It's not really "nuclear" technology as we usually understand it, it's just a radioisotope thermoelectric generator (Wikipedia).

      There is no fission or fusion, or whatever else we call "nuclear power" going on, just a normal, natural process you find all around you in nature.

      1. DJO Silver badge

        There is no fission or fusion, or whatever else we call "nuclear power" going on

        Not strictly true. What they use is the heat from radioactive decay, much the same as in a nuclear power plant just a lot less heat.

        1. ThatOne Silver badge
          Headmaster

          > Not strictly true. What they use is the heat from radioactive decay, much the same as in a nuclear power plant just a lot less heat.

          All right, what I meant is that it's not artificially induced fission, but the natural decay of an unstable isotope, like it happens in nature.

      2. andy k O'Croydon
        Facepalm

        So it's powered by nuclear decay but it isn't nuclear technology? Interesting perspective.

        1. ThatOne Silver badge

          > So it's powered by nuclear decay but it isn't nuclear technology?

          I don't think it qualifies as "technology", it's a natural process. YMMV.

      3. John Robson Silver badge

        "There is no fission"

        So where does the heat come from, and why is it halving every n years?

        1. Man inna barrel

          "So where does the heat come from, and why is it halving every n years?"

          Most radioactivity does not involve fission. Typical radioactive decay is alpha emission (helium nuclei), beta emission (electrons), and gamma emission (photons). All these carry energy. Fission is splitting into two or more substantial nuclei, bigger than He. That is my interpretation, anyway.

        2. tfb Silver badge
          Boffin

          There is indeed no fission, but just nuclear decay. This is often misunderstood. Plutonium-238 (which I think these RTGs use) decays to uranium-234 with the emission of an alpha particle (helium nucleus) which is moving pretty quickly, which is where the energy comes from. For the purposes of an RTG U-234 is effectively stable (its half-life is about 250,000 years), but it eventually decays in turn through some chain ending with lead.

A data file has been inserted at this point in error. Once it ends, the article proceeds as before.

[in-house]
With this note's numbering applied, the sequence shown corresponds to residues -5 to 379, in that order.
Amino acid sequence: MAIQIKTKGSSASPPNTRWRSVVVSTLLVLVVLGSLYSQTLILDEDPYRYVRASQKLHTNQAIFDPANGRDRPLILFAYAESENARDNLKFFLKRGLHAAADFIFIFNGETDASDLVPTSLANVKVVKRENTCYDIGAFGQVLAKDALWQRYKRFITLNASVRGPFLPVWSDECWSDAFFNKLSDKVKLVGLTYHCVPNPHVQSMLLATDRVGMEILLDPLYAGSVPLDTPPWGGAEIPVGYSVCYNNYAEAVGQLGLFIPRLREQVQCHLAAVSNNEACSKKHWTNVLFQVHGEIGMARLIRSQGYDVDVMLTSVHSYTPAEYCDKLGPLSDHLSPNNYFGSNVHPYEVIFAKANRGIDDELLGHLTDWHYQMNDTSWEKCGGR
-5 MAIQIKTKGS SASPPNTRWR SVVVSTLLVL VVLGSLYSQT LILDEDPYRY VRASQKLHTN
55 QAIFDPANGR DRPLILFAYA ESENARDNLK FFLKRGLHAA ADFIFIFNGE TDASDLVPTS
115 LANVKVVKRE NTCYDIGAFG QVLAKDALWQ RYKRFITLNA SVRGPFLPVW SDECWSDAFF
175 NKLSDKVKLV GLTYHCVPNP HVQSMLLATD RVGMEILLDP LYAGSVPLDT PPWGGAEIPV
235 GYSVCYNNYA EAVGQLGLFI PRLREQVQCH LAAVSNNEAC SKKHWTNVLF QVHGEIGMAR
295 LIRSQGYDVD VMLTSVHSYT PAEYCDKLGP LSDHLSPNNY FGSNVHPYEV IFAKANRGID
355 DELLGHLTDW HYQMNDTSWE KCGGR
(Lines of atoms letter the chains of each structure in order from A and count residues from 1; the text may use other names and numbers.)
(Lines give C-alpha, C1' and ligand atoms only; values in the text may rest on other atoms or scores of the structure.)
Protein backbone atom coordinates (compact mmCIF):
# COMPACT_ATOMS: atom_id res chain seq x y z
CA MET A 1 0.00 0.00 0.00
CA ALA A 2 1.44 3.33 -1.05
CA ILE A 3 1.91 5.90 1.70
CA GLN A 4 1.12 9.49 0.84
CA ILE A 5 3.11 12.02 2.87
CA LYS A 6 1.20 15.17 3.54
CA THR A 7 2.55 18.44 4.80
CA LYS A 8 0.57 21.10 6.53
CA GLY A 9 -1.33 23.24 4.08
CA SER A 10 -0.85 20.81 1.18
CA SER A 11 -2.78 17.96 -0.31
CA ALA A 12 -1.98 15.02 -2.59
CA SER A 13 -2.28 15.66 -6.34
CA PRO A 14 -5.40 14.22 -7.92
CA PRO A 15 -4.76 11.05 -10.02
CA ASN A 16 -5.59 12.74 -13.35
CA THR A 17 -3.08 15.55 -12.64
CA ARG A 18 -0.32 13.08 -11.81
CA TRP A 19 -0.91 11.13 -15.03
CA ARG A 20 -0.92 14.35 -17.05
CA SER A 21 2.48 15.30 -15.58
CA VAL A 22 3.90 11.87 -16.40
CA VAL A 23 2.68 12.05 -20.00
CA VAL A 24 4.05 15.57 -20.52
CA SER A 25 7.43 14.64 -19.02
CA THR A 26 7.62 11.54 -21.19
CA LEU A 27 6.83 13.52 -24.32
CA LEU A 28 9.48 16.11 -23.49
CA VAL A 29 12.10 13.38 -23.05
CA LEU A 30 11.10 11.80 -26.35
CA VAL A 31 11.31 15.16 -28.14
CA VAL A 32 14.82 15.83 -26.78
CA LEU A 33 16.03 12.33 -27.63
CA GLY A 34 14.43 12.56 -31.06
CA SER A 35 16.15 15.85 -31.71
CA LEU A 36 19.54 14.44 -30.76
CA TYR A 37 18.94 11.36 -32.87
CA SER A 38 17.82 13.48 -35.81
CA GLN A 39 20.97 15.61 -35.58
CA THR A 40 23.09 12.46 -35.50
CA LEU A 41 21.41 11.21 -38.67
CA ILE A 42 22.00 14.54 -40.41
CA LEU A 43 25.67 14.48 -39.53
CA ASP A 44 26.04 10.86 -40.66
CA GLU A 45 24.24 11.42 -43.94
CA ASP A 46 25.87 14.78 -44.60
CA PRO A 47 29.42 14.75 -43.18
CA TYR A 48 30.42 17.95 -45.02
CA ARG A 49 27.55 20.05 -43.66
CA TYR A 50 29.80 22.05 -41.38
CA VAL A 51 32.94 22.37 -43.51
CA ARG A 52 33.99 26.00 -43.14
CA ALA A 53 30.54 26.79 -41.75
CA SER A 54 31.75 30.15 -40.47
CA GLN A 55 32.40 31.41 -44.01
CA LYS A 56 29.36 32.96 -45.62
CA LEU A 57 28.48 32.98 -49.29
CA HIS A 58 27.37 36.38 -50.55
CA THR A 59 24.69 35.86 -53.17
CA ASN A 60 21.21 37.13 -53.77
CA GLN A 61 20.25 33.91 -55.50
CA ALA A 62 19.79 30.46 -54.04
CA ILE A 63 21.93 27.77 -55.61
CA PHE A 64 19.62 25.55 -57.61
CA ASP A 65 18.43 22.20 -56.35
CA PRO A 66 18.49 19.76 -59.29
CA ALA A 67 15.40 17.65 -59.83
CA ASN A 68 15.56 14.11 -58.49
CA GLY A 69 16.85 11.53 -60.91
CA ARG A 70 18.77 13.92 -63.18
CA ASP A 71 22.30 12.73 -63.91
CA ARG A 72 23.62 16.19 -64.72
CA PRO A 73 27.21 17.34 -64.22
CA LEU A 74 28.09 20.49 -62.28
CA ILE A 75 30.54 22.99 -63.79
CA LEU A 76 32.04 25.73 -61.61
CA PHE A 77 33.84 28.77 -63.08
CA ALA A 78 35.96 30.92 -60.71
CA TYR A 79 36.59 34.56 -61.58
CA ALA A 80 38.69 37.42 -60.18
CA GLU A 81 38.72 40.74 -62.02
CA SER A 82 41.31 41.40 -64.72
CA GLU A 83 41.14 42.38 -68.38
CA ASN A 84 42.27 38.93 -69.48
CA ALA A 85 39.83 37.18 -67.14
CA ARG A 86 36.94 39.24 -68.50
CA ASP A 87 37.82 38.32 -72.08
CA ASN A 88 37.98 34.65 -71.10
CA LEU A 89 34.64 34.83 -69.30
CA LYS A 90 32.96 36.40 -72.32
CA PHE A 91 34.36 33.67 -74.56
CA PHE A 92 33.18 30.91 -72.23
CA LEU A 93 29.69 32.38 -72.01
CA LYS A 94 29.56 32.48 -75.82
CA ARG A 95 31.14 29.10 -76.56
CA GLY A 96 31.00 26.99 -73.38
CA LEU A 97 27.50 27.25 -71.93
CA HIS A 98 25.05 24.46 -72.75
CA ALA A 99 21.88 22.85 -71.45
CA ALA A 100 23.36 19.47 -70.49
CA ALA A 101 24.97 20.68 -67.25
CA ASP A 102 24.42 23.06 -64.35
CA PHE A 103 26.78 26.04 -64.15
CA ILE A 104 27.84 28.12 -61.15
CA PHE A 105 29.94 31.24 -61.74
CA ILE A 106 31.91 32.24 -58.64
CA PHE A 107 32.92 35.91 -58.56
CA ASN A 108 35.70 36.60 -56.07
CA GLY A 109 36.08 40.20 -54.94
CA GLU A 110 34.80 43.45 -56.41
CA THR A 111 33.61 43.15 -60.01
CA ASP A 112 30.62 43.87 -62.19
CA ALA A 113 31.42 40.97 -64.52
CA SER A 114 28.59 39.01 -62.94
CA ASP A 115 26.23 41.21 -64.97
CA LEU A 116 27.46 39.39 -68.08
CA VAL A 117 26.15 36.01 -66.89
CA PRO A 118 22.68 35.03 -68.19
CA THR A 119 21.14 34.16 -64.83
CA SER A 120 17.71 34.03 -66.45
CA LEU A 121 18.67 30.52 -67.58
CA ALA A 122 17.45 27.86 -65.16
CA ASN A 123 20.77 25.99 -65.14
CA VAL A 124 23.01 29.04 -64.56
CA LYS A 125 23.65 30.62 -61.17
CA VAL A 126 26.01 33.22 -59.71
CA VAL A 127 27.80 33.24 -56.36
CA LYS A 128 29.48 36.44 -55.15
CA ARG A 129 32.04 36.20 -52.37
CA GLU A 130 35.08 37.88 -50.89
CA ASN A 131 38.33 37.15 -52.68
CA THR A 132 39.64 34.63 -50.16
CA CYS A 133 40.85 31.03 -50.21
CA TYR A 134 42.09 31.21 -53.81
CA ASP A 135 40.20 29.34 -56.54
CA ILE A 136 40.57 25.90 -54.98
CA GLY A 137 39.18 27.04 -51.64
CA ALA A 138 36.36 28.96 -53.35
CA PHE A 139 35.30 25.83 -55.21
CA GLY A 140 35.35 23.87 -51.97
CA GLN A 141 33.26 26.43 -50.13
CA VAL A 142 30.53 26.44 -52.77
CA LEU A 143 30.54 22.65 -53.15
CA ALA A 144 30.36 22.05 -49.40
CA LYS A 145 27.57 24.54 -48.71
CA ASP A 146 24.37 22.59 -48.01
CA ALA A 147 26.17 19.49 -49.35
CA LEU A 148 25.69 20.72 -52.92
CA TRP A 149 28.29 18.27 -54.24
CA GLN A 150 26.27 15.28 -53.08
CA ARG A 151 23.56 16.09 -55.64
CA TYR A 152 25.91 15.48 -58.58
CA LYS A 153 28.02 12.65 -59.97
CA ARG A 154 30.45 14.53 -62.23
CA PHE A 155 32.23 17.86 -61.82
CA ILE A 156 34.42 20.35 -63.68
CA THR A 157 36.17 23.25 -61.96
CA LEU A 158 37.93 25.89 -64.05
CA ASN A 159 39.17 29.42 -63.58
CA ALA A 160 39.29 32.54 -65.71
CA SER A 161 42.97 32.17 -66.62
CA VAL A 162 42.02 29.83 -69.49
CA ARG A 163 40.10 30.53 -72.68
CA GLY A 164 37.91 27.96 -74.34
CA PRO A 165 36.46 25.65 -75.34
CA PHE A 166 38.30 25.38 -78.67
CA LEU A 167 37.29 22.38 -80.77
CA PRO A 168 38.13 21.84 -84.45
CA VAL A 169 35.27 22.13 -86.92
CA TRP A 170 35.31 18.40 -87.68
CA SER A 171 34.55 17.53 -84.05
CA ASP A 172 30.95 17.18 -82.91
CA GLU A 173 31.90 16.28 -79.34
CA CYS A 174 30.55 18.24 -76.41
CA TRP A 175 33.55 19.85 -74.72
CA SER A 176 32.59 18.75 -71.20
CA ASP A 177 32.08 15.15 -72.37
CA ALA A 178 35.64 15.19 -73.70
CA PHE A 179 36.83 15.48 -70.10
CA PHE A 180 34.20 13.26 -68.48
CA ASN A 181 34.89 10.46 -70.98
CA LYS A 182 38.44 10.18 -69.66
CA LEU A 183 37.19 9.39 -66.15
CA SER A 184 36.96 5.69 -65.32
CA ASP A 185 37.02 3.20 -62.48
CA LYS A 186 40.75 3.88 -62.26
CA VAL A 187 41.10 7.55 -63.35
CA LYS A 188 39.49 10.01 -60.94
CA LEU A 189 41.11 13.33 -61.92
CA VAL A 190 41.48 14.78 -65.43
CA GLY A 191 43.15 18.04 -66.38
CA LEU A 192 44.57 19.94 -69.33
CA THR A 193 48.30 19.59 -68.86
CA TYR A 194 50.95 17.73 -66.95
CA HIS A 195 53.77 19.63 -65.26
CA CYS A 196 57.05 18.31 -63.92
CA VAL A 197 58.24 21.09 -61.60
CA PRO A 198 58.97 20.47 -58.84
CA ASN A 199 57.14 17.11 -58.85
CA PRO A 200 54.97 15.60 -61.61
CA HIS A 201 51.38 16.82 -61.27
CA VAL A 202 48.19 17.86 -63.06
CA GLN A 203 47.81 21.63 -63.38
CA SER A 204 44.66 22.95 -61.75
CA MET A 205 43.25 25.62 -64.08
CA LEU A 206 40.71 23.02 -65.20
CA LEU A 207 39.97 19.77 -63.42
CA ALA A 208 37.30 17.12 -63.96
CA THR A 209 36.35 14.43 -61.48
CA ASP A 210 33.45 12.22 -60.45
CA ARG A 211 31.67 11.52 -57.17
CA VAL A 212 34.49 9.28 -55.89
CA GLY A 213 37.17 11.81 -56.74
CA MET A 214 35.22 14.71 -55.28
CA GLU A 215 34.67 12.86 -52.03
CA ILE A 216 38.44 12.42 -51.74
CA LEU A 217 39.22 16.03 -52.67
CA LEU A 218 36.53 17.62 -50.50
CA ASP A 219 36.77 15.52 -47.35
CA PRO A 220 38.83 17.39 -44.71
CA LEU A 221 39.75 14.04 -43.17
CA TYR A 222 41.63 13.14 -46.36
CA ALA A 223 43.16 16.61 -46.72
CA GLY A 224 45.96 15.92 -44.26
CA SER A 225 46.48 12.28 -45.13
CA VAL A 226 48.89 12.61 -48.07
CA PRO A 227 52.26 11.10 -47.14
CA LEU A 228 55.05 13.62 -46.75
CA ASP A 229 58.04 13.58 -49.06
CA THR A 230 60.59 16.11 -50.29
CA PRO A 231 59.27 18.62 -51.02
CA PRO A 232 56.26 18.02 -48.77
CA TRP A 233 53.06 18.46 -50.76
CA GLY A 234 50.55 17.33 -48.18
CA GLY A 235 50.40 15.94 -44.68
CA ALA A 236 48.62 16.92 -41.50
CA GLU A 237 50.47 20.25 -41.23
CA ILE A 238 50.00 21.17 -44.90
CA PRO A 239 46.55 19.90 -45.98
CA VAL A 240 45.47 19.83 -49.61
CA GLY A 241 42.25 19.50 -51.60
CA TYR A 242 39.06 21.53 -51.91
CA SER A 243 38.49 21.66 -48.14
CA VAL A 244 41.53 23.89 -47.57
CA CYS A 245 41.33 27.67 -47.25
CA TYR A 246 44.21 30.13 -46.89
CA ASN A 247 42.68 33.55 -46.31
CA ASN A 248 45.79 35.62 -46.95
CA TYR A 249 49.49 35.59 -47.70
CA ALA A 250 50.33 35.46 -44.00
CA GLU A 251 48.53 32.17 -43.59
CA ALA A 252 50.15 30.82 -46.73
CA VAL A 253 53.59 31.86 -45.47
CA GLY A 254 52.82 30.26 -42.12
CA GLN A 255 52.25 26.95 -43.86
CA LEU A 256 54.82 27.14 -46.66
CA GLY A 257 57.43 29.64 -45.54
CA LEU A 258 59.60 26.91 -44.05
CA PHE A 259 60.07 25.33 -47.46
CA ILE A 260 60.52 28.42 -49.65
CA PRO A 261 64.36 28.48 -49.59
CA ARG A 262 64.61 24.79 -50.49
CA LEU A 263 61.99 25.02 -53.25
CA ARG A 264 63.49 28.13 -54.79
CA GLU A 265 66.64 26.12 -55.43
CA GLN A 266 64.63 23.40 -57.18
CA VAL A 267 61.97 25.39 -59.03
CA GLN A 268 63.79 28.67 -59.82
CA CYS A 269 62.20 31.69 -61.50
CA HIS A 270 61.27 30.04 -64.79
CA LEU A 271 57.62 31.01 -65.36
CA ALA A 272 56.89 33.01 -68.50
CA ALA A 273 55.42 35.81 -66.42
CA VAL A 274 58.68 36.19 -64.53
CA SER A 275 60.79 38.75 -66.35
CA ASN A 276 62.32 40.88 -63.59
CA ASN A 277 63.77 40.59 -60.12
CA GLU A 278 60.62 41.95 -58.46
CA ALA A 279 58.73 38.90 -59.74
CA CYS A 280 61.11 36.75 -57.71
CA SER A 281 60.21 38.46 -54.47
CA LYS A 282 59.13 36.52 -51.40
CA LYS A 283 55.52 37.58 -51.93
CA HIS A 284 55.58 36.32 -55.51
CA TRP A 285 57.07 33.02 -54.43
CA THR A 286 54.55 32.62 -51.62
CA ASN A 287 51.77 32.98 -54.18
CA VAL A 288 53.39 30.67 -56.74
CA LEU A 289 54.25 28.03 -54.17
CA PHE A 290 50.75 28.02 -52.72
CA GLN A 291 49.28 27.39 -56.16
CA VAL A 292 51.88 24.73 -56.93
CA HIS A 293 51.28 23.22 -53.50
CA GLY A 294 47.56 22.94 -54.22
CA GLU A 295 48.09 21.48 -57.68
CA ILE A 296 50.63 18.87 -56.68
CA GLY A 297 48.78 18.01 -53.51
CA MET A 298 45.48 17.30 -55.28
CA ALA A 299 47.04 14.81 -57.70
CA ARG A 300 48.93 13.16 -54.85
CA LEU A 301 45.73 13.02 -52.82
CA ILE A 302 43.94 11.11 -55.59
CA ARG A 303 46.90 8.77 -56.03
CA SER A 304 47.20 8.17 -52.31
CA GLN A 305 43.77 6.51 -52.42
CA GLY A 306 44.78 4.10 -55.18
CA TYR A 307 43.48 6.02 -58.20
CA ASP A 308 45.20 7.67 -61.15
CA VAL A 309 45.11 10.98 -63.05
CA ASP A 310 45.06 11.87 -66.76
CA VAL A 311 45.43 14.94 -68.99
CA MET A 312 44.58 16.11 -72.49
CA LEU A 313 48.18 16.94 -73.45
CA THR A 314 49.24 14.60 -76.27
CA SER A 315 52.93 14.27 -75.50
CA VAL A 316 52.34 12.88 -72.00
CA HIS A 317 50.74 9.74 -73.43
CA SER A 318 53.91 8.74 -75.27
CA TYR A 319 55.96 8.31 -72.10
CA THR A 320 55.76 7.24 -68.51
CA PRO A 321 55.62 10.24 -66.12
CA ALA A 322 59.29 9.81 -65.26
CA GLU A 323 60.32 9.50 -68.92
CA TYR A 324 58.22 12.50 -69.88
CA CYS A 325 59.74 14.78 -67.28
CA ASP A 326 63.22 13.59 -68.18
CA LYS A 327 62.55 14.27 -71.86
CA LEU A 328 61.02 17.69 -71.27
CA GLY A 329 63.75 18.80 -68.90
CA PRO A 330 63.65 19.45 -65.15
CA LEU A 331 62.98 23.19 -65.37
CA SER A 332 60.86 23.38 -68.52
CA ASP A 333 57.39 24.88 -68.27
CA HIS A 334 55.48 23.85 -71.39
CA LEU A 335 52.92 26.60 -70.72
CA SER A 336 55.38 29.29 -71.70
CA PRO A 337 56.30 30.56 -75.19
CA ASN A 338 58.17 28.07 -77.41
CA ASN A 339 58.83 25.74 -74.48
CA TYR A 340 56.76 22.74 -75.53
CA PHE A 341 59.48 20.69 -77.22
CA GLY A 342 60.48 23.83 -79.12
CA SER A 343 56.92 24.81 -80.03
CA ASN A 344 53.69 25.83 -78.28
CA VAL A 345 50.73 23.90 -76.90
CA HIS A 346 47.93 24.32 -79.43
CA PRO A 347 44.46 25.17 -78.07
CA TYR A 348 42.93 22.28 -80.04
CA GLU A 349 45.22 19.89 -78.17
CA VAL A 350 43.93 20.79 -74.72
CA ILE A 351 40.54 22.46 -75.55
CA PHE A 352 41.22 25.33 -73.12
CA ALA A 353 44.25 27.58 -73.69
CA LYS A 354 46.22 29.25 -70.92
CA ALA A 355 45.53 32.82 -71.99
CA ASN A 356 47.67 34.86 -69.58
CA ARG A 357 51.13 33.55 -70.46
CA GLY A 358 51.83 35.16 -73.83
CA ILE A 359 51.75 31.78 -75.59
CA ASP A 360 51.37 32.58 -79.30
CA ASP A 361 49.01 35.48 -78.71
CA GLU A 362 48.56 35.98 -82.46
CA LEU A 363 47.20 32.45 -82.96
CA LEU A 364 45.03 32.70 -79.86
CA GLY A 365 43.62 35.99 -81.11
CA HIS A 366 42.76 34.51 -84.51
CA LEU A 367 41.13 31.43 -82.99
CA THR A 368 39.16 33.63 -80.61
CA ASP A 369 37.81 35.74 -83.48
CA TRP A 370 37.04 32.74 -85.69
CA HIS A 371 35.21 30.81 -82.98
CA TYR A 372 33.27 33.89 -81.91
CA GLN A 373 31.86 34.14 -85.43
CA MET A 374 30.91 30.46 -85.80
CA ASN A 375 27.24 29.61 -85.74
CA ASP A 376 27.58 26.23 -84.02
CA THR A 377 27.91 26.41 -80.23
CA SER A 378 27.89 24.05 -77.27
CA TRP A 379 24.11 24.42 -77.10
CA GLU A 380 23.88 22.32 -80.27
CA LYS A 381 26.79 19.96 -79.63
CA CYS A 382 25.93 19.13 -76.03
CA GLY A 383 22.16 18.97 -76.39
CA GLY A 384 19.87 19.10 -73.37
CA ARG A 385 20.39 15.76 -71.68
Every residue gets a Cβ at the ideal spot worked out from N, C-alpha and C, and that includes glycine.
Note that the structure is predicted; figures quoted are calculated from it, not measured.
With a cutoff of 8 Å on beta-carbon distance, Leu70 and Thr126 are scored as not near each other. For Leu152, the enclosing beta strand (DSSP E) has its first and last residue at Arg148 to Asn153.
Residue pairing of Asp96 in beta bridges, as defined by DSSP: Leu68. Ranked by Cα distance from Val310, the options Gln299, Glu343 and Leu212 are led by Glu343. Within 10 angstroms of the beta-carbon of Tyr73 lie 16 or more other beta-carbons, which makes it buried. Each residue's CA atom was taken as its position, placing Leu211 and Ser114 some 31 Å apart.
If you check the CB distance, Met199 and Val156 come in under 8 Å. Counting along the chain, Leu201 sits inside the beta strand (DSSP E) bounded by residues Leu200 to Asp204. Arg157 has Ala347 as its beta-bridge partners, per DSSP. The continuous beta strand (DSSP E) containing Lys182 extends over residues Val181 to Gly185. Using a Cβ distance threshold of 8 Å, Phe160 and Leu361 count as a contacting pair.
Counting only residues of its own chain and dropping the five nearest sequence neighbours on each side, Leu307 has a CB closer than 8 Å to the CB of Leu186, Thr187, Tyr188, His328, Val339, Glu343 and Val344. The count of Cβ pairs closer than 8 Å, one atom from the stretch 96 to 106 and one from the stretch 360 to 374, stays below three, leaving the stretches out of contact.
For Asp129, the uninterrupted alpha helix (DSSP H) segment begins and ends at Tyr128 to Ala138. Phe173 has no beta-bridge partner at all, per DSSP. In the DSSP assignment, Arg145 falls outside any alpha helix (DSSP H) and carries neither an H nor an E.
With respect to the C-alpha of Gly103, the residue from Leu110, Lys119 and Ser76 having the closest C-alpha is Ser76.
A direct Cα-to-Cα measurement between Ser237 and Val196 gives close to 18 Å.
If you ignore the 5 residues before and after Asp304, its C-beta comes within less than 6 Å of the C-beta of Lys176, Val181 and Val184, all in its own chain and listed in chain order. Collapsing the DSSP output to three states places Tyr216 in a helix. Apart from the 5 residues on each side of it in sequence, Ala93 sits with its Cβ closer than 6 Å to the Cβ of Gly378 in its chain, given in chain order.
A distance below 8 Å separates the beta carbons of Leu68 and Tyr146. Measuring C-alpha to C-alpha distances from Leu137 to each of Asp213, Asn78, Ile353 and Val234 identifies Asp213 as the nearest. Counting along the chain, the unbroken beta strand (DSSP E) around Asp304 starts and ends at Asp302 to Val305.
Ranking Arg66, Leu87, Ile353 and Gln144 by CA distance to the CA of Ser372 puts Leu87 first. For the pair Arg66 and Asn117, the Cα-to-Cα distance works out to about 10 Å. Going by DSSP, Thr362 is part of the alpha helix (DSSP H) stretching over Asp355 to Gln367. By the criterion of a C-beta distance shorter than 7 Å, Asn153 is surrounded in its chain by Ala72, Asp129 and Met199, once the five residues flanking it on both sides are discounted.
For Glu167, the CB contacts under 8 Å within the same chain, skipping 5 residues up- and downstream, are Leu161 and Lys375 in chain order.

This decay is a natural process insofar as plutonium-238 is natural, which it's not: its half-life (~88 years) is so short there's no primordial plutonium-238 in existence and I don't think it's a decay product of anything else natural). You want a fairly short half-life however as that corresponds with a fairly high power output of course.

          Fission is a different process than decay: fission is when an nucleus absorbs a neutron and then splits into two daughter nuclei of fairly substantial mass. An example of this is uranium-235: U-235 + a neutron splits into barium-141, krypton-92 and three neutrons.

          Plutonium-238 is fissionable but not fissile: what that means is that if you fire a high-enough energy neutron at it you can get it to split, but it won't sustain a fission chain reaction. Uranium-235 is fissile, which means it will sustain a fission chain reaction, as the neutrons spat out will cause further fission (often you need to 'moderate' them – slow them down – however).